With everything that’s been happening in Abruzzo recently, I’ve been thinking a lot about Teramo. I have lots of friends I made when I lived there that I still keep in touch with through Facebook, and I spoke to my cousins after the earthquake to make sure everyone was ok (they are, even the ones who live in L’Aquila). All of the Italian community in Philly has been asking what they can do to help, and I haven’t had an answer.
I still don’t, but I saw today that Abruzzese Formula 1 driver Jarno Trulli has started a charity, supported by the F1 community, to help out the quake victims, called Abruzzo Nel Cuore (Abruzzo in our hearts). It’s written on the side of Ferrari’s cars for the race in China today and there’s a website abruzzonelcuore.org where you can donate directly to his charity. Pretty cool way to help out. And it made me think.
Abruzzo is in my heart, all the time. My year there shaped who I am today, molded my personality, and taught me about art, so I thought I’d do a little sketch of Teramo to show that we’re all thinking about them and we’re here to help however we can. I encourage other artists who have been inspired by the region to do the same thing and hopefully we can keep Abruzzo in our hearts, and in the public awareness, until the people of L’Aquila and the other towns affected by the quake have gotten back on their feet.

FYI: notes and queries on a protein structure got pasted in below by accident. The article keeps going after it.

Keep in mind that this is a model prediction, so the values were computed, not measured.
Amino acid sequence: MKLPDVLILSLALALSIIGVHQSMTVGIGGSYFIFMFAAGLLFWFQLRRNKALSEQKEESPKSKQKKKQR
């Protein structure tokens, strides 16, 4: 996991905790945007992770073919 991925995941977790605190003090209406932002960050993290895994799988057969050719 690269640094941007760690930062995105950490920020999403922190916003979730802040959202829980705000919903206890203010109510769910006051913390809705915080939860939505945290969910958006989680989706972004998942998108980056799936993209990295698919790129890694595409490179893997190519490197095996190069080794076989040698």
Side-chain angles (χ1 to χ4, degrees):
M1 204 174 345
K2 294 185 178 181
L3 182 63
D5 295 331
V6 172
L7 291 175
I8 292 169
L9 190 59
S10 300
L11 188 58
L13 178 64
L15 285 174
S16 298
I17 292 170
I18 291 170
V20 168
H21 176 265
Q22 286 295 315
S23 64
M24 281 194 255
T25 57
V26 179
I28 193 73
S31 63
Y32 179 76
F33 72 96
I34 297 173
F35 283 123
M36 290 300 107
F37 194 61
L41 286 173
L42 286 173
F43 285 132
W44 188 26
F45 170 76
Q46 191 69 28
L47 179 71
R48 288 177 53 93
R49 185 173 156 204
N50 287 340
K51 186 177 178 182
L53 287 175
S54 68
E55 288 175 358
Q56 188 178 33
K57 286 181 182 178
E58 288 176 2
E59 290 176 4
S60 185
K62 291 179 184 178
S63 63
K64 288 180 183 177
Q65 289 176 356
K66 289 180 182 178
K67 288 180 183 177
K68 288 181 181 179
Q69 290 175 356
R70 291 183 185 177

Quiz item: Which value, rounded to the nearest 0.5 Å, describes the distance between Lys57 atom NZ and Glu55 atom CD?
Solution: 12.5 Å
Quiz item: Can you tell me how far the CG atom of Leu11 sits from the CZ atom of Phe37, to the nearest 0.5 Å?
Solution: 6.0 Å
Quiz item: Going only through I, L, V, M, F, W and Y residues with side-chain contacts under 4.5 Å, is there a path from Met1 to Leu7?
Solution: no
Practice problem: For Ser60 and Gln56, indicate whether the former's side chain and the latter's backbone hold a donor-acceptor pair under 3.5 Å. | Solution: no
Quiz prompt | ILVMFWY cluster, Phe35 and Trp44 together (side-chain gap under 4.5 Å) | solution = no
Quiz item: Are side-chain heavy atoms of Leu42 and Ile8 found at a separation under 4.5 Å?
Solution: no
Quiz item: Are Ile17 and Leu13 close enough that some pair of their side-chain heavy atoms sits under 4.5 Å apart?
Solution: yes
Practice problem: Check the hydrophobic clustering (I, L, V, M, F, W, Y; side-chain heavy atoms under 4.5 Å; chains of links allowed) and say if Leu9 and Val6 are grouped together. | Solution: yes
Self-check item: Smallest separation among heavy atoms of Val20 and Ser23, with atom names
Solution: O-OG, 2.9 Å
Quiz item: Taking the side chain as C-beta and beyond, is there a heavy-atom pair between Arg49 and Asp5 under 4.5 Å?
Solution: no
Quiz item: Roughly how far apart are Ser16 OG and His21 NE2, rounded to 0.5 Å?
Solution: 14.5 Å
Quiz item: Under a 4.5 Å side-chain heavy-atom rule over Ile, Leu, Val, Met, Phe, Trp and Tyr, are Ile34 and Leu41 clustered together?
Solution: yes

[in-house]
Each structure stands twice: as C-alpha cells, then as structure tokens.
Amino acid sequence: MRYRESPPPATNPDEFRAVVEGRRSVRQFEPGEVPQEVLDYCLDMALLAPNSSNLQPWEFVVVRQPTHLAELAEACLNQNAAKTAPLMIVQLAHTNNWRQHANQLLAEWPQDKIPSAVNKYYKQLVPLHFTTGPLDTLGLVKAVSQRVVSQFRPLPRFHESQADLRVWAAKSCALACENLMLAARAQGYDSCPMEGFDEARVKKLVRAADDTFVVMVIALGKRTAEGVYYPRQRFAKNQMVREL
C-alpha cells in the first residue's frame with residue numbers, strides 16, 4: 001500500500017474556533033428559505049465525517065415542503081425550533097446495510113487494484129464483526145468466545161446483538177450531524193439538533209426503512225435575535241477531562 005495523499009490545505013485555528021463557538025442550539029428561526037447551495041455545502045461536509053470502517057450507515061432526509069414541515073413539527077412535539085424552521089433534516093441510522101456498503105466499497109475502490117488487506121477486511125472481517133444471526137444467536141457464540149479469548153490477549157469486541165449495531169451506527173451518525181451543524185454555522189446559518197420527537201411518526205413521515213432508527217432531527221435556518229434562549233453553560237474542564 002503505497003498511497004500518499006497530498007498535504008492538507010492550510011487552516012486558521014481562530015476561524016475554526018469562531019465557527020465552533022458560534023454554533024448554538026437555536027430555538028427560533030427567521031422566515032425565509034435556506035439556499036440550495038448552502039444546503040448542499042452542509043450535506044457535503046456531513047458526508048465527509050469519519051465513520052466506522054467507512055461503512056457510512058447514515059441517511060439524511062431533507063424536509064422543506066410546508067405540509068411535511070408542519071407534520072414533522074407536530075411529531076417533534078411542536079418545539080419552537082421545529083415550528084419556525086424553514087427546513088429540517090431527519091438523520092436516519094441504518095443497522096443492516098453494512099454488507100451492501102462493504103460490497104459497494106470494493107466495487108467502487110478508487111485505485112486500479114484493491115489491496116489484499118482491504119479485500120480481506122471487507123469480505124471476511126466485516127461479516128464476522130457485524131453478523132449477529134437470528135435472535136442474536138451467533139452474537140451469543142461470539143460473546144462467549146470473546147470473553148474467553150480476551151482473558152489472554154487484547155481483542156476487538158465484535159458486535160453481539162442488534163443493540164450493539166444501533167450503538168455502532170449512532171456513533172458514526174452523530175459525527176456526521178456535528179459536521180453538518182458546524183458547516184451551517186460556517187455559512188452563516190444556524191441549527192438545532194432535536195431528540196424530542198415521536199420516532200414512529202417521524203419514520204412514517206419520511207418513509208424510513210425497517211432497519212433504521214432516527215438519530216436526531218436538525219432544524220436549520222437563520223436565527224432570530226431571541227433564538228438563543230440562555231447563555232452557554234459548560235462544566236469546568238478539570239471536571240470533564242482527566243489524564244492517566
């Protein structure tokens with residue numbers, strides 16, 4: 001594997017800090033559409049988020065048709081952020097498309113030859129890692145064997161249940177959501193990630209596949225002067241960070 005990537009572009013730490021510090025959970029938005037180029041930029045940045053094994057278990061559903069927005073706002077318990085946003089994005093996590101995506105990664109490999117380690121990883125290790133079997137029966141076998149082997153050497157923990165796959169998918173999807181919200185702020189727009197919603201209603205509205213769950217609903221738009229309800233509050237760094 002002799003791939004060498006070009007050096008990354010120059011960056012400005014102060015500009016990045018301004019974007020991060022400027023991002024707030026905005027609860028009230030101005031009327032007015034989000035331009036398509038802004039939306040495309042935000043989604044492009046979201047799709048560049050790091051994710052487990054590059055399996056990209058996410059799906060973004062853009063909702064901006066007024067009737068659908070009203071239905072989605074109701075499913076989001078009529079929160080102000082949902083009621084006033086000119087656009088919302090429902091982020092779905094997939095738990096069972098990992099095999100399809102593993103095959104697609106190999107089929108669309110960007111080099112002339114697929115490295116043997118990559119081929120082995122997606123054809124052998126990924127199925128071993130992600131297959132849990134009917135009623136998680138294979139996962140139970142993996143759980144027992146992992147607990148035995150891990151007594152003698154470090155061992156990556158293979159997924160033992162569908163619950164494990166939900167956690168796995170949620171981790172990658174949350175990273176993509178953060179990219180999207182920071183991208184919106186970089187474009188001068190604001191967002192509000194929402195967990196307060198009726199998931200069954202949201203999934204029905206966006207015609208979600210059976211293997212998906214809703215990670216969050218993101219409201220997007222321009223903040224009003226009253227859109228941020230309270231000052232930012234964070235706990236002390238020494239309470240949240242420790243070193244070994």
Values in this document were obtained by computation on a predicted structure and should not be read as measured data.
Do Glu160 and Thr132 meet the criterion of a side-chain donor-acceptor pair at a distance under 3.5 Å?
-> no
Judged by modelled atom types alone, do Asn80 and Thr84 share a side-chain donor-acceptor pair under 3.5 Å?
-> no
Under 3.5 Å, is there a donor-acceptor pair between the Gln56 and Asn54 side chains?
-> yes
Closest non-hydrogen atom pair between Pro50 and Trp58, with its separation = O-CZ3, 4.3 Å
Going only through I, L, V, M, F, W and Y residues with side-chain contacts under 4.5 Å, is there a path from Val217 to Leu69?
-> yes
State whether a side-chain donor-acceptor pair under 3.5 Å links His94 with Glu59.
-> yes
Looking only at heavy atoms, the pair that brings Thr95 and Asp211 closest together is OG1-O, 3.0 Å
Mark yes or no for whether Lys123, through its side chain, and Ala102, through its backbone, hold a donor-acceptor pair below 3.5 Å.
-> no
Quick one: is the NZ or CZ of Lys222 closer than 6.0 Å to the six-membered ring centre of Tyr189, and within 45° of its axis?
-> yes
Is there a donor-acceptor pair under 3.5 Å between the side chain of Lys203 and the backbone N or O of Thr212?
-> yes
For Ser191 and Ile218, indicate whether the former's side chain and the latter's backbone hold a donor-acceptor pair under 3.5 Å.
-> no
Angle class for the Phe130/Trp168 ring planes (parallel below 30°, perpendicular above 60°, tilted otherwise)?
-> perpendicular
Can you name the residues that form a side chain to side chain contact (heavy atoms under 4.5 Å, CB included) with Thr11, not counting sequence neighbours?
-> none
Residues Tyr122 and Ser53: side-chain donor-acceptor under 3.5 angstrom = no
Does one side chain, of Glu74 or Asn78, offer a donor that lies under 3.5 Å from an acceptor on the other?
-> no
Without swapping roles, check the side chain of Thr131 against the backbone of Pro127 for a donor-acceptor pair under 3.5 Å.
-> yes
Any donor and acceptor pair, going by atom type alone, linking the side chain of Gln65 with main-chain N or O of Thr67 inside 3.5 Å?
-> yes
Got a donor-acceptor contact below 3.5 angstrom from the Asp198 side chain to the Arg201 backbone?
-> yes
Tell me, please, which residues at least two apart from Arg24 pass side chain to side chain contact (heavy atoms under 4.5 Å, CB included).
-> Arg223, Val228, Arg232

Ok, so all the cool kids are posting their sketchbook pages these days, so I thought I would too. I’ve been trying to sketch more regularly to get out of my keyboard and mouse mentality, and although the results have been mixed, I thought I’d start to post them when they go well. Here’s the first of several I’ve done recently and that are awaiting posting.
Done in Moleskine 5 x 8.5 inch sketchbook with Pilot Precise Rollerball.
A commendable car blog called The Truth About Cars has asked its readership to submit logo designs for the site. Typically, I would consider this an affront to designers (and maybe it is), but I have a lot of respect for them and what they stand for (completely unbiased and brutally honest auto reviews and news), so, despite my better judgment, I thought I’d throw my hat into the ring and design a little something for them as well. I can use all the publicity I can get for my designs.
Maybe if I win their contest they’ll buy my Christmas Cards next year to send out.
I’ve been a beta-testing Autodesk’s Sketchbook Pro for years now (since version 2), so I’m really excited to see the new version (2010) is getting released soon. Sketchbook is a lightweight, fast, digital sketching software that I use every day in my workflow. If you’ve never tried it, you owe it to yourself to download the free trial here.
There’s also a great article outlining some of the new features coming out in the 2010 release on Autodesk’s AREA. The ellipse and rulers have changed my life.
This is really a great product that not a lot of artists and designers know about, and that’s a shame. So check it out. It’s cheap, it’s great, and you’ll never go back to sketching in Photoshop.